Agent Markonni then stated that he was looking for drugs and that he would like to look in the defendant's briefcase. According to Agent Markonni, the defendant replied that he did not mind and placed the briefcase on the hood of the car and opened it. Inside the briefcase, Agent Markonni found 76 bundles of currency totalling $21,000. Also found were a magazine, a notebook, and a ballpoint pen barrel with "white powder residue on both ends of it," which Agent Markonni believed to be cocaine. The defendant then agreed to a search of his person, which revealed nothing. At this point, Agent Markonni opened the car door, reached in and removed the jacket. A search of the jacket revealed the cocaine which led to the defendant's indictment and which was the subject of the motion to suppress.
Based upon this evidence, the trial court made the following ruling on the motion to suppress: "Information first learned by officer Markonni was that information obtained at the Savannah Airport. The State has failed to show that the information obtained at the Savannah Airport was lawfully obtained. The State not having shown the initial information to have been obtained lawfully, the Court finds that the further inquiries and questioning carried on by Officer Markonni was a result of the 'poison tree doctrine' and the consent to search the briefcase which led to the discovery of a small residual amount of cocaine is therefore illegal. The consent to search not having been free from the taint of the initial contact in Savannah, the MOTION TO SUPPRESS is HEREBY GRANTED."
Case Number 66910.
3. The record demonstrates that the trial court has four terms, beginning on the first Monday of February, May, August and November. On January 13, 1983, during the November Term of court, the defendant was indicted. On January 24, 1983, also during the November Term, the defendant filed his demand for a speedy trial. On February 25, 1983, during the February Term, the defendant filed his motion to suppress. The hearing on the motion to suppress was held on March 8, 1983, and the order granting the motion was entered on March 17, 1983. On April 11, 1983, the State filed the notice of appeal from the grant of the motion to suppress. On May 2, 1983, the first day of the May Term, the defendant moved for an acquittal because of the State's failure to comply with his demand for a speedy trial. The motion was denied by the trial court on the ground "that the Defendant has waived his right to an automatic discharge under the provisions of OCGA Section 17-7-10 [17-7-170] by his action of having the State's evidence against him suppressed, and that an automatic discharge at this time would deny the State an appeal of the Court's order of March 17, 1983."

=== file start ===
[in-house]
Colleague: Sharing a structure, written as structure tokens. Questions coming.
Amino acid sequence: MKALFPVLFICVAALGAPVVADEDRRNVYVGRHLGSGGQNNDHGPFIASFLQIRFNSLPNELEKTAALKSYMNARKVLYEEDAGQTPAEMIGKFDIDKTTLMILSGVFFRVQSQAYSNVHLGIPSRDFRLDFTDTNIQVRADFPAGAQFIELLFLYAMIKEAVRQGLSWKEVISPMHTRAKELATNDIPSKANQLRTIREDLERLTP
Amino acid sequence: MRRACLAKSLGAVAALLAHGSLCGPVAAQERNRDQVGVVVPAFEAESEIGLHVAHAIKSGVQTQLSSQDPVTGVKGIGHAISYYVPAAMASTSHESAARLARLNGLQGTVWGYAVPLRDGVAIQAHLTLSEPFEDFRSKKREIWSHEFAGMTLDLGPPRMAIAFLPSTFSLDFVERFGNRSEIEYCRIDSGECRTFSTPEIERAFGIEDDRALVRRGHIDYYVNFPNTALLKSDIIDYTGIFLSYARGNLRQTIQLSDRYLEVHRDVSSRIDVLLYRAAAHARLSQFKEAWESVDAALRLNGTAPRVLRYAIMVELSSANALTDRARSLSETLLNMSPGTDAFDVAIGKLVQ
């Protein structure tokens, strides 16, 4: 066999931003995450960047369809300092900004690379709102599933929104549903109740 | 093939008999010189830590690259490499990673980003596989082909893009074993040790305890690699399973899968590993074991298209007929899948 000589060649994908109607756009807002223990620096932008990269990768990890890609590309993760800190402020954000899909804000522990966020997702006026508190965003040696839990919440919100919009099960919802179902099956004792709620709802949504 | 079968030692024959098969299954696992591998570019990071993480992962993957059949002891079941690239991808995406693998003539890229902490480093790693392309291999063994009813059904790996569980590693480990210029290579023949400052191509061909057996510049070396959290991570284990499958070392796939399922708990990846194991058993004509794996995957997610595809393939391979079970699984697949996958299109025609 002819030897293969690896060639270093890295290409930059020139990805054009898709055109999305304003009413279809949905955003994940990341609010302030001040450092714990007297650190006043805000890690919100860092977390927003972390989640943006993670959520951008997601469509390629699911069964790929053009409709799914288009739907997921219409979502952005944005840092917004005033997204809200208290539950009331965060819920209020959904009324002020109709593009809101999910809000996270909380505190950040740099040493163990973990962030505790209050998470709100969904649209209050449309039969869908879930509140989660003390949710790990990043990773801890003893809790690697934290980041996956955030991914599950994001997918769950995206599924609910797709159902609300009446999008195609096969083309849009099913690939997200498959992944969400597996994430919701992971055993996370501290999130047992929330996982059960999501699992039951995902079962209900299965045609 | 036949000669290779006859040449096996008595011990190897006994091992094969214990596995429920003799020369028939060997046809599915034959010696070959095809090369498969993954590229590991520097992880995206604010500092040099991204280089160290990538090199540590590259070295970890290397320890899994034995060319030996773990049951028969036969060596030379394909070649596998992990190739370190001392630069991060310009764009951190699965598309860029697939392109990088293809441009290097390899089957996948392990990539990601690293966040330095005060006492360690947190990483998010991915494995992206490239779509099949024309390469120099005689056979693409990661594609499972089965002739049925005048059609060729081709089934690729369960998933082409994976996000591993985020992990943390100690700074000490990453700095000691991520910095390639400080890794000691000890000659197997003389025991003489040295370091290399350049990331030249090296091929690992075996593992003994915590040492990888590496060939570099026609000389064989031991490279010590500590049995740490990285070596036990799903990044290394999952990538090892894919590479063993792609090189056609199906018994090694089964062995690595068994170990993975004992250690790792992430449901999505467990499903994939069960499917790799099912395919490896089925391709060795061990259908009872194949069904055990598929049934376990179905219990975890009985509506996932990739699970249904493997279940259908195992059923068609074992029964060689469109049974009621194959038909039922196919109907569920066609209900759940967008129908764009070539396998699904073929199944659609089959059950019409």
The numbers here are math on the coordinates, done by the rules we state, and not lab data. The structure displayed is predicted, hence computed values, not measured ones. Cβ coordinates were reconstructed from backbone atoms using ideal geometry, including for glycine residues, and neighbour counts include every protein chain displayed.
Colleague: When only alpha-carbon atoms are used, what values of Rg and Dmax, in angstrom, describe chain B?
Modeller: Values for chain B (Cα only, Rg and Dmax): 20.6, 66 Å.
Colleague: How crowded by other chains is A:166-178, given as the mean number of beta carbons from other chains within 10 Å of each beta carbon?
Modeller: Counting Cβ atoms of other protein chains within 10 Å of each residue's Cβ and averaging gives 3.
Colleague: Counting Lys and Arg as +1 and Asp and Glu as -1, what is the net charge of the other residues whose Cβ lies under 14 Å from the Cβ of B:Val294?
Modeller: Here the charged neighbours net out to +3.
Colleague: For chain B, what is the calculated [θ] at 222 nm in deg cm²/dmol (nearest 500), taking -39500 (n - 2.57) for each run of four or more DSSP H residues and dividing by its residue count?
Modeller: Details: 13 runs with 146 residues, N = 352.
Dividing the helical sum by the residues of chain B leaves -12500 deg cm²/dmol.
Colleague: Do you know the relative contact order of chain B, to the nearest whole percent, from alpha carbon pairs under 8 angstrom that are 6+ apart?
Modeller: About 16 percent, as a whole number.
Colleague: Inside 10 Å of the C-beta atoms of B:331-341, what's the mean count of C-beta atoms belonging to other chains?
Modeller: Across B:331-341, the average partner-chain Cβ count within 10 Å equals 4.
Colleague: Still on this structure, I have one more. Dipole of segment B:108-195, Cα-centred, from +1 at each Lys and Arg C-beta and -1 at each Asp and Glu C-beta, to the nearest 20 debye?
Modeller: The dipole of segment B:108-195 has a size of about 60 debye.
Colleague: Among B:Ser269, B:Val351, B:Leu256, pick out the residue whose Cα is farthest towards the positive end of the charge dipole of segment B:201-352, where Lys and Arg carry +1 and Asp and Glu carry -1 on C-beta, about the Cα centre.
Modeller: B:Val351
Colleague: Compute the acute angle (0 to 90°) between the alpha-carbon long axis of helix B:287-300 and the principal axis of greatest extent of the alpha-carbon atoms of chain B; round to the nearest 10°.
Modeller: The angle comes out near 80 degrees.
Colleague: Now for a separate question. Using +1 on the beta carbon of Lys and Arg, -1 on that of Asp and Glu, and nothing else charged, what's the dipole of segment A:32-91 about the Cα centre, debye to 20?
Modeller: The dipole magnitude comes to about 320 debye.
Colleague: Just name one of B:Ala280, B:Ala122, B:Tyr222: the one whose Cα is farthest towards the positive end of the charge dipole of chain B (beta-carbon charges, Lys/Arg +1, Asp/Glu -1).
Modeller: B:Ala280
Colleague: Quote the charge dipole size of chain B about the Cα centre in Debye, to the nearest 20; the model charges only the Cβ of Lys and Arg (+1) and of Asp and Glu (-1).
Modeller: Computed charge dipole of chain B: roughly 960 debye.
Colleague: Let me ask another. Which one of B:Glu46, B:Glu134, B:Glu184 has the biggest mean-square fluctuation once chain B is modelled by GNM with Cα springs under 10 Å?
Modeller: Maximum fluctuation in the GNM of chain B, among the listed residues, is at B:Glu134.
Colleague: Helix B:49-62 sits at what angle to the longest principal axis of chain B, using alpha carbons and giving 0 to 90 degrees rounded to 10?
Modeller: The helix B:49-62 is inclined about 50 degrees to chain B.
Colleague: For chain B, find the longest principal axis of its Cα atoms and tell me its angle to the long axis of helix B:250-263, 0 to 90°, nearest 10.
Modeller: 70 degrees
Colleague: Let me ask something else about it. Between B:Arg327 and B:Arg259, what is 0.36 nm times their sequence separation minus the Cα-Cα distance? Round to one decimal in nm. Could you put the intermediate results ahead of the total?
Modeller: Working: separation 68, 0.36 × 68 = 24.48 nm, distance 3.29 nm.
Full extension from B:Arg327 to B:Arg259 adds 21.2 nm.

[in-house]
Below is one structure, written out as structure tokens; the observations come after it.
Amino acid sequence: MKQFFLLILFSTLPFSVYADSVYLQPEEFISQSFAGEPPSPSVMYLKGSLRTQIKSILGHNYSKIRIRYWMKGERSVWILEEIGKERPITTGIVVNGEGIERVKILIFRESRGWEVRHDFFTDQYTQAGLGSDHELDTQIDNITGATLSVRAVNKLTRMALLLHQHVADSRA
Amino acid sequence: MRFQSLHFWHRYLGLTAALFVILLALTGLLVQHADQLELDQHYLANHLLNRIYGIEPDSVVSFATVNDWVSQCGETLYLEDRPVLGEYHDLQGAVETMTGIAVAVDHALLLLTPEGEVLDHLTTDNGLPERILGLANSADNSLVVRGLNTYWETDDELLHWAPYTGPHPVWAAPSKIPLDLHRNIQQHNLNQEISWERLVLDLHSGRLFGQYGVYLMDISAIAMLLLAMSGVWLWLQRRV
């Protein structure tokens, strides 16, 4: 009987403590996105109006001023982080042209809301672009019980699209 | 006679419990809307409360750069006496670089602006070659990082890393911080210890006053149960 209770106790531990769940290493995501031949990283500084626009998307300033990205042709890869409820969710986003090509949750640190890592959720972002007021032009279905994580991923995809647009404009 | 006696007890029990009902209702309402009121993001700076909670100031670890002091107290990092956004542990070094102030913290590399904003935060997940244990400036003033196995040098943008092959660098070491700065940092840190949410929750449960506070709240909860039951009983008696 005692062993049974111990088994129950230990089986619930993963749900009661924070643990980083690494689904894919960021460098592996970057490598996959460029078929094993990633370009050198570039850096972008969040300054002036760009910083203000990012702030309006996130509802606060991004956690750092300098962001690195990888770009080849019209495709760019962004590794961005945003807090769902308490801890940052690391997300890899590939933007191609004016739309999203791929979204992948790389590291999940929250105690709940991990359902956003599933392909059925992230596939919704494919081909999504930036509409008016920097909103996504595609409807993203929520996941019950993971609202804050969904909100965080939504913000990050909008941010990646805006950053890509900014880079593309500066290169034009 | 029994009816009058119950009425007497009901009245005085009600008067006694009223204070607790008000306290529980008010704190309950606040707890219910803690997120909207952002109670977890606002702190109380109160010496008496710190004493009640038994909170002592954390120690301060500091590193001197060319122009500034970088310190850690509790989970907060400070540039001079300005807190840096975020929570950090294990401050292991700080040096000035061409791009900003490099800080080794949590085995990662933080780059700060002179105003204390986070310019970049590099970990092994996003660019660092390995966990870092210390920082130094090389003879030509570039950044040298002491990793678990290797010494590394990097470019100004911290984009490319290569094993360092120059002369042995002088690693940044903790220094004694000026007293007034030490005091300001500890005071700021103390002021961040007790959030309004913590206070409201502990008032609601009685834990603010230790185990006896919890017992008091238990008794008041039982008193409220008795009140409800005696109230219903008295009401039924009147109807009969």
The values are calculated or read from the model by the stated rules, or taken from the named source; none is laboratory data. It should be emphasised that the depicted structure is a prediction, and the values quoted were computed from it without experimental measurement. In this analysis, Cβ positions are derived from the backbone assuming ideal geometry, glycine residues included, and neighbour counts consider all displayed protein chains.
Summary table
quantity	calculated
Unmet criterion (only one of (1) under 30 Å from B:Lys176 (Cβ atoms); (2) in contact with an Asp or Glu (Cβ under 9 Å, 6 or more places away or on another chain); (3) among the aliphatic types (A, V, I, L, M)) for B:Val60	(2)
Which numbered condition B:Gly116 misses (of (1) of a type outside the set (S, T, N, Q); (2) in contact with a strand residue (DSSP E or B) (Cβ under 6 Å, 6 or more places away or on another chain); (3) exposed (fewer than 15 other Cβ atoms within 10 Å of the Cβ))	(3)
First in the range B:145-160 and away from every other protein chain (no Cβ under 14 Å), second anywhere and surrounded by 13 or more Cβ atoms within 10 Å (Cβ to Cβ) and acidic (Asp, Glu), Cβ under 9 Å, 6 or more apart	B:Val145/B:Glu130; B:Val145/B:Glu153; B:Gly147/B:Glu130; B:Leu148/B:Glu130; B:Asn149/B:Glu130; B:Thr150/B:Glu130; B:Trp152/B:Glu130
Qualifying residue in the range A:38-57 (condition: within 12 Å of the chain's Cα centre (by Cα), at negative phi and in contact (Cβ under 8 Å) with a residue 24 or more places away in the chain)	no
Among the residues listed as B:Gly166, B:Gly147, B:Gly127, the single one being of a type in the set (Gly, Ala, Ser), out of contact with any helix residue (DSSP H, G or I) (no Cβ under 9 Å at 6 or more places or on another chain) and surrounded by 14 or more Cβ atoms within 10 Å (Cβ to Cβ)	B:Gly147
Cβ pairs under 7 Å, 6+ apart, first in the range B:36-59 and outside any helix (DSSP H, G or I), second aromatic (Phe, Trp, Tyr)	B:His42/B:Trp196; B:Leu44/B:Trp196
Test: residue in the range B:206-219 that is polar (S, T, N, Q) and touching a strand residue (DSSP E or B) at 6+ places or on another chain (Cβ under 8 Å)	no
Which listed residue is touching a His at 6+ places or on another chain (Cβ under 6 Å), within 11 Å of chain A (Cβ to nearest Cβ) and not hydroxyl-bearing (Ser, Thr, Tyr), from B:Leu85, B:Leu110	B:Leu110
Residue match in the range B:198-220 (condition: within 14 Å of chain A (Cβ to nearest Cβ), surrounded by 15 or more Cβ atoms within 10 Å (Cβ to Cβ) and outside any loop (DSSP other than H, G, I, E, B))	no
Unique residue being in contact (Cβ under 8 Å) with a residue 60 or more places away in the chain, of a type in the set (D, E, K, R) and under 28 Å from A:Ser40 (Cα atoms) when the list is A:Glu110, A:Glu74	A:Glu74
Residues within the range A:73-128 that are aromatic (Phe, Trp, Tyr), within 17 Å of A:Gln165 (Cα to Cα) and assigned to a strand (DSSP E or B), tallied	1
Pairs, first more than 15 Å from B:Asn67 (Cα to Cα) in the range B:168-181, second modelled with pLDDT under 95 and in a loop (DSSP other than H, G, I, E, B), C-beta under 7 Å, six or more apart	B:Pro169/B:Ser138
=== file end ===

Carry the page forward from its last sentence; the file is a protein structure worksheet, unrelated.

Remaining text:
"[T]he defendant may waive his right to such automatic discharge by some action on his part or on the part of his counsel . . ." Parker v. State, 135 Ga. App. 620, 621 (4) (218 SE2d 324) (1975). " Any affirmative action of the defendant which results in a continuance of the case, or a failure to try it within the time fixed by the statute after the filing of a demand, has the effect of tolling the time. [Cits.]" (Emphasis supplied.) Letbedder v. State, 129 Ga. App. 196, 197, fn. 1 (199 SE2d 270) (1973). OCGA 17-5-30 authorizes a defendant in a criminal case to move to suppress evidence and provides that, if the motion is granted, the evidence shall not be admissible against him in any trial. However, OCGA 5-7-2 provides that the grant of a motion to suppress is directly appealable by the State. See State v. Blosfield, 165 Ga. App. 111 (1) (299 SE2d 588) (1983). Thus, by taking "affirmative action" on the issue of the admissibility of certain evidence against him, a defendant who files a motion to suppress must be deemed to invoke the entire procedure applicable to that issue including the State's right to a direct appeal if the motion should be granted. In other words, by filing a motion to suppress, a defendant effectively consents to a delay of his trial pending final resolution of the issue of evidentiary admissibility, if the motion is granted and the State elects to have that appellate determination made. "A waiver of the demand would result from a continuance granted on the motion of the accused, or from any other act on his part showing affirmatively that he consented to passing the case until a subsequent term." (Emphasis supplied.) Walker v. State, 89 Ga. 482 (15 SE 553) (1892). The trial court did not err in denying the defendant's motion for an acquittal pursuant to OCGA 17-7-170.
Steven E. Lister, for appellee.
Robert E. Keller, District Attorney, William L. McKinnon, Jr., Assistant District Attorney, for appellant.
DECIDED MARCH 15, 1984 -- REHEARING DENIED MARCH 29, 1984 -- CERT. APPLIED FOR.
Thursday May 21 18:52 EDT


This site exists because of donors like you.

Thanks!


Valid HTML 4.0!

Valid CSS!





Home - Tour - Disclaimer - Privacy - Contact Us
Copyright © 2000,2002,2004 Lawskills.com